The pastoral concern for immigrants began in the Church in the 19th century. Leo XIII took notice of the restlessness caused by the great displacements of people during his time, and set forth the foundations for the Social Doctrine of the Church in his encyclical Rerum Novarum. The pontiffs who came afterwards continued to stress the need to care for this needy population in many specific ways.
To sum up in a few words almost a century and a half of the Church’s teaching in this area isn’t easy. In considering the global situation of forced migration, all the Popes have placed the emphasis on the person. The cry of the needy awaits a reply and continues to challenge each of us, awakening our moral responsibility. Among the many contributions in the Church’s rich teaching on this question we can highlight the dignity and centrality of the person, respect for each one’s fundamental rights, the importance of forgiveness, the integral development of the person, the struggle against sin, the call to hospitality, the need for integration into society, and above all the primacy of charity.
Are there moral limits on the right of refugees to be welcomed?
Leo XIII touched on this topic, but the right to emigrate has been a constant in the Church’s teaching since Pius XII. At the root of this right, as John XXIII reminds us, is the universal destination of the goods in this world. At the same time, it has been made clear that the right to migrate is not an absolute right, and needs to be accompanied by legitimate interests and protection of the common good. As John Paul II said, the right to migrate needs to be regulated. If it happens indiscriminately, it can cause grave harm to the common good of the host countries.
The Church has often stressed the government’s right to regulate migration when, making use of its just authority, it seeks to guarantee the common good. The Magisterium has asked that the State be obeyed in this matter, even if it has not recognized an absolute right here (asking, for example, that governments not impede the arrival of poor people unjustly). It has also recognized the role of the UN in this question, respect for the sovereignty of countries to preserve the common good, the importance of the juridical path in the resolution of international conflicts, and respect for international treaties in the question of immigration.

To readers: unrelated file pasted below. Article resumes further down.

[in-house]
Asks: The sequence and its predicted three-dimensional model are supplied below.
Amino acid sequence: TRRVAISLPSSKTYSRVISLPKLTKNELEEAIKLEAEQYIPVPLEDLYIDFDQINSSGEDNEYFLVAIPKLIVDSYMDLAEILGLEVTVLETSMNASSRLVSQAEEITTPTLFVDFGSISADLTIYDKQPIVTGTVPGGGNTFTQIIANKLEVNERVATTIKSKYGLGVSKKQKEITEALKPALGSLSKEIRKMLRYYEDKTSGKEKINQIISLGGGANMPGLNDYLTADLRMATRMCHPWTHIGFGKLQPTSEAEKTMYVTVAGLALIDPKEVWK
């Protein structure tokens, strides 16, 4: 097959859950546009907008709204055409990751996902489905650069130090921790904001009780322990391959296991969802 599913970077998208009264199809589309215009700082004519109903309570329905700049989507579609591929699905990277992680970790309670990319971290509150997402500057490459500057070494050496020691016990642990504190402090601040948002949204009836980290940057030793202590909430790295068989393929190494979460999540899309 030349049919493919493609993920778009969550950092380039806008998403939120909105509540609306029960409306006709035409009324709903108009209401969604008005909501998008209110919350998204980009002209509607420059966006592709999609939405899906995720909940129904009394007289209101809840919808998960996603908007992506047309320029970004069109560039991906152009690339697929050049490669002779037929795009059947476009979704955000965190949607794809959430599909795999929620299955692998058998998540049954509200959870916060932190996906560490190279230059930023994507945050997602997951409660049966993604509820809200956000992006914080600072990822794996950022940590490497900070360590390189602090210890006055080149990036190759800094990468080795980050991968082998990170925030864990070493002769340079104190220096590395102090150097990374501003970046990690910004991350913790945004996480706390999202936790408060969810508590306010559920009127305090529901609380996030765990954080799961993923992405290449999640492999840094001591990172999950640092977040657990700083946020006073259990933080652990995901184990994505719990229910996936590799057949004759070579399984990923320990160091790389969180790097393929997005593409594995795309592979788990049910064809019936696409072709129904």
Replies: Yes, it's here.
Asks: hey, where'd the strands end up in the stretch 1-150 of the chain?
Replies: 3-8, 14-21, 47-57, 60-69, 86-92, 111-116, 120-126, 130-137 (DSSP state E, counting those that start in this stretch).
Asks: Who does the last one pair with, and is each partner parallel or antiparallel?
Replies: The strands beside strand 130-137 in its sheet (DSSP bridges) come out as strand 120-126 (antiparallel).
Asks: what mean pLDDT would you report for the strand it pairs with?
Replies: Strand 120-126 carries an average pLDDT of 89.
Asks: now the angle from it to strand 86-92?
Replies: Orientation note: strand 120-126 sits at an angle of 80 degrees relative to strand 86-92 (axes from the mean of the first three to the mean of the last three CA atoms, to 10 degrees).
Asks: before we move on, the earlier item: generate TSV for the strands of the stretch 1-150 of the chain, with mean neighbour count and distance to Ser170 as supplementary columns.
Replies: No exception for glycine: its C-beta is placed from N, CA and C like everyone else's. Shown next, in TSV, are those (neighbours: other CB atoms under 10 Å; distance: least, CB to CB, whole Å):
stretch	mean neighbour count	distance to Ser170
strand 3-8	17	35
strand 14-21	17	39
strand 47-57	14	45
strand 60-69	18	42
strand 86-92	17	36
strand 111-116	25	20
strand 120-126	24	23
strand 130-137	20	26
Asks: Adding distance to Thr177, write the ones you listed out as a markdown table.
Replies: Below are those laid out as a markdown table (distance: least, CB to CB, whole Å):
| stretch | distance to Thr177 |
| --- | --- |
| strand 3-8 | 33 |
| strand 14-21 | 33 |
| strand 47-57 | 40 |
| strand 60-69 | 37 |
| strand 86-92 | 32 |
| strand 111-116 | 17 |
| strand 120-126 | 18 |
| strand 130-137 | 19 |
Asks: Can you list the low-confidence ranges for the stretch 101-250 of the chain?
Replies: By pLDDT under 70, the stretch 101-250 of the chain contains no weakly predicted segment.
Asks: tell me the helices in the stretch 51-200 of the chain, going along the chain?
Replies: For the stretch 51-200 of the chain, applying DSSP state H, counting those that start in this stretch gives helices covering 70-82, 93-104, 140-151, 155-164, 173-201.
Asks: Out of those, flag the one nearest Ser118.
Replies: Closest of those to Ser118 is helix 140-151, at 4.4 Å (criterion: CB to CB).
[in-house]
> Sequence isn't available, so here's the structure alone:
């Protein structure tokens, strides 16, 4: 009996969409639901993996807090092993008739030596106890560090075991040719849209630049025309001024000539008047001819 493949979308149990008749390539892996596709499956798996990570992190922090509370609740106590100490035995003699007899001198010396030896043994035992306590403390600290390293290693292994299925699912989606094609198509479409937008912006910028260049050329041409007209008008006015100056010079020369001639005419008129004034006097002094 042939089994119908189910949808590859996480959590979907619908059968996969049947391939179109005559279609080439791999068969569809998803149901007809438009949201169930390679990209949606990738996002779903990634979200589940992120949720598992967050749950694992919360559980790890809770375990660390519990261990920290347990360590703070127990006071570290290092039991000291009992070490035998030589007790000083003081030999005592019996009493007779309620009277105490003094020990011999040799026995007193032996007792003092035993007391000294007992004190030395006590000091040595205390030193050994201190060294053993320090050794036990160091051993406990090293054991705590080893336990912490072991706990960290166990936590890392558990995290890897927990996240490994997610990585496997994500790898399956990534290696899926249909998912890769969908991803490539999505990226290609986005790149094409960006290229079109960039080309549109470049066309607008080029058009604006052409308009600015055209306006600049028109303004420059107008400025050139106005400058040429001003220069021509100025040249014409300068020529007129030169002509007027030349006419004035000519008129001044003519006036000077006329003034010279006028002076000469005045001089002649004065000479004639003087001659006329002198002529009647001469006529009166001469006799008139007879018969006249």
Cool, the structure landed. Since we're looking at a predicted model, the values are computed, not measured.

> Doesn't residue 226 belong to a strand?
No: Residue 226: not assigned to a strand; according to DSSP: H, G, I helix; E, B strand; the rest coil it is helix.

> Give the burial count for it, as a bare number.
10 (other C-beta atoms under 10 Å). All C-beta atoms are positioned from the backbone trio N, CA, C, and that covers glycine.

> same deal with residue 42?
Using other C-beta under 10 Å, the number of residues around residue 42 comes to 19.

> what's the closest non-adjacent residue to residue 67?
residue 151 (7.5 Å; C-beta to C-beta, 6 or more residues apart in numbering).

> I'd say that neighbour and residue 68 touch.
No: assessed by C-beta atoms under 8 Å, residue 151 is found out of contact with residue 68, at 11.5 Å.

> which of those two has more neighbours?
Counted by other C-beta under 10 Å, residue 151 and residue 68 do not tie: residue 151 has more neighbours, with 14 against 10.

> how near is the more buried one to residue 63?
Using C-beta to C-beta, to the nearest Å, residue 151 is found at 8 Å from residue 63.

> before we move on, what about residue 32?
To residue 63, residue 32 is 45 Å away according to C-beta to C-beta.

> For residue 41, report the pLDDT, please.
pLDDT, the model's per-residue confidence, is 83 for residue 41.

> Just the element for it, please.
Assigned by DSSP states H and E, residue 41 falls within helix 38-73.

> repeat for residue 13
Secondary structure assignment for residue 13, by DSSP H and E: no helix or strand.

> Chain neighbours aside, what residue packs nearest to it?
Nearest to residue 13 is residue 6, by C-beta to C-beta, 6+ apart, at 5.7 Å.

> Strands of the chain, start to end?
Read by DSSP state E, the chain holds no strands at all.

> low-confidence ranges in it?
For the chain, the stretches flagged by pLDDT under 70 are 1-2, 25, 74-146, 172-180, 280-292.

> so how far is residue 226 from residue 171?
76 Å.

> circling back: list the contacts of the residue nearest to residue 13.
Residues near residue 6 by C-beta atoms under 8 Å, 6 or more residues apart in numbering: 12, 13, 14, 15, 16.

Although a right to emigrate certainly exists, it is a subjective right, since no one can demand to be received right away in a specific country. Regarding the debates on the conditions and limits to be placed on receiving migrants, Francis says that the reply of the Gospel is mercy. Welcoming the other person is welcoming God in person. To open one’s borders to refugees always entails a risk. The key factor here should be the primacy of charity, and the exclusive criterion should not only be the country’s own security. When there is a true humanitarian crisis, it seems to me that migrants (whenever possible) should be welcomed. The poor cannot be made to wait. If the desire to migrate stems from reasons that are not truly forced, then limits can be set to this right, which is not absolute and yields to the common good.
How should a Catholic approach the question of refugees?
In first place, we need to remember that Jesus himself was an immigrant. The soul of the Church herself is "migratory," since she is concerned about her children wherever they may be, in a world marked by continuous migratory movement, with her gaze fixed on the ultimate homeland. As Jesus told his disciples, we are in the world without being of the world. A person who realizes that he or she is a “stranger” in this world won’t fall into the mistake of seeing anyone as a “foreigner.” Rather they will recognize in them their brothers and sisters.
The teachings of the Church’s Magisterium in this area invite us to “complicate our lives.” Spurred by charity, we are encouraged to go out to encounter those in need so they may find a place at our table. The presence of the forcibly displaced is an invitation to recover certain essential dimensions of our existence as God’s children. The parable of the Good Samaritan continues having perennial value. A Christian can never be indifferent to a poor person lying in the road. As Pope Francis frequently reminds us, every stranger who calls at our door is an opportunity for an encounter with Christ, who identifies himself with every migrant who is welcomed or rejected in every time and place.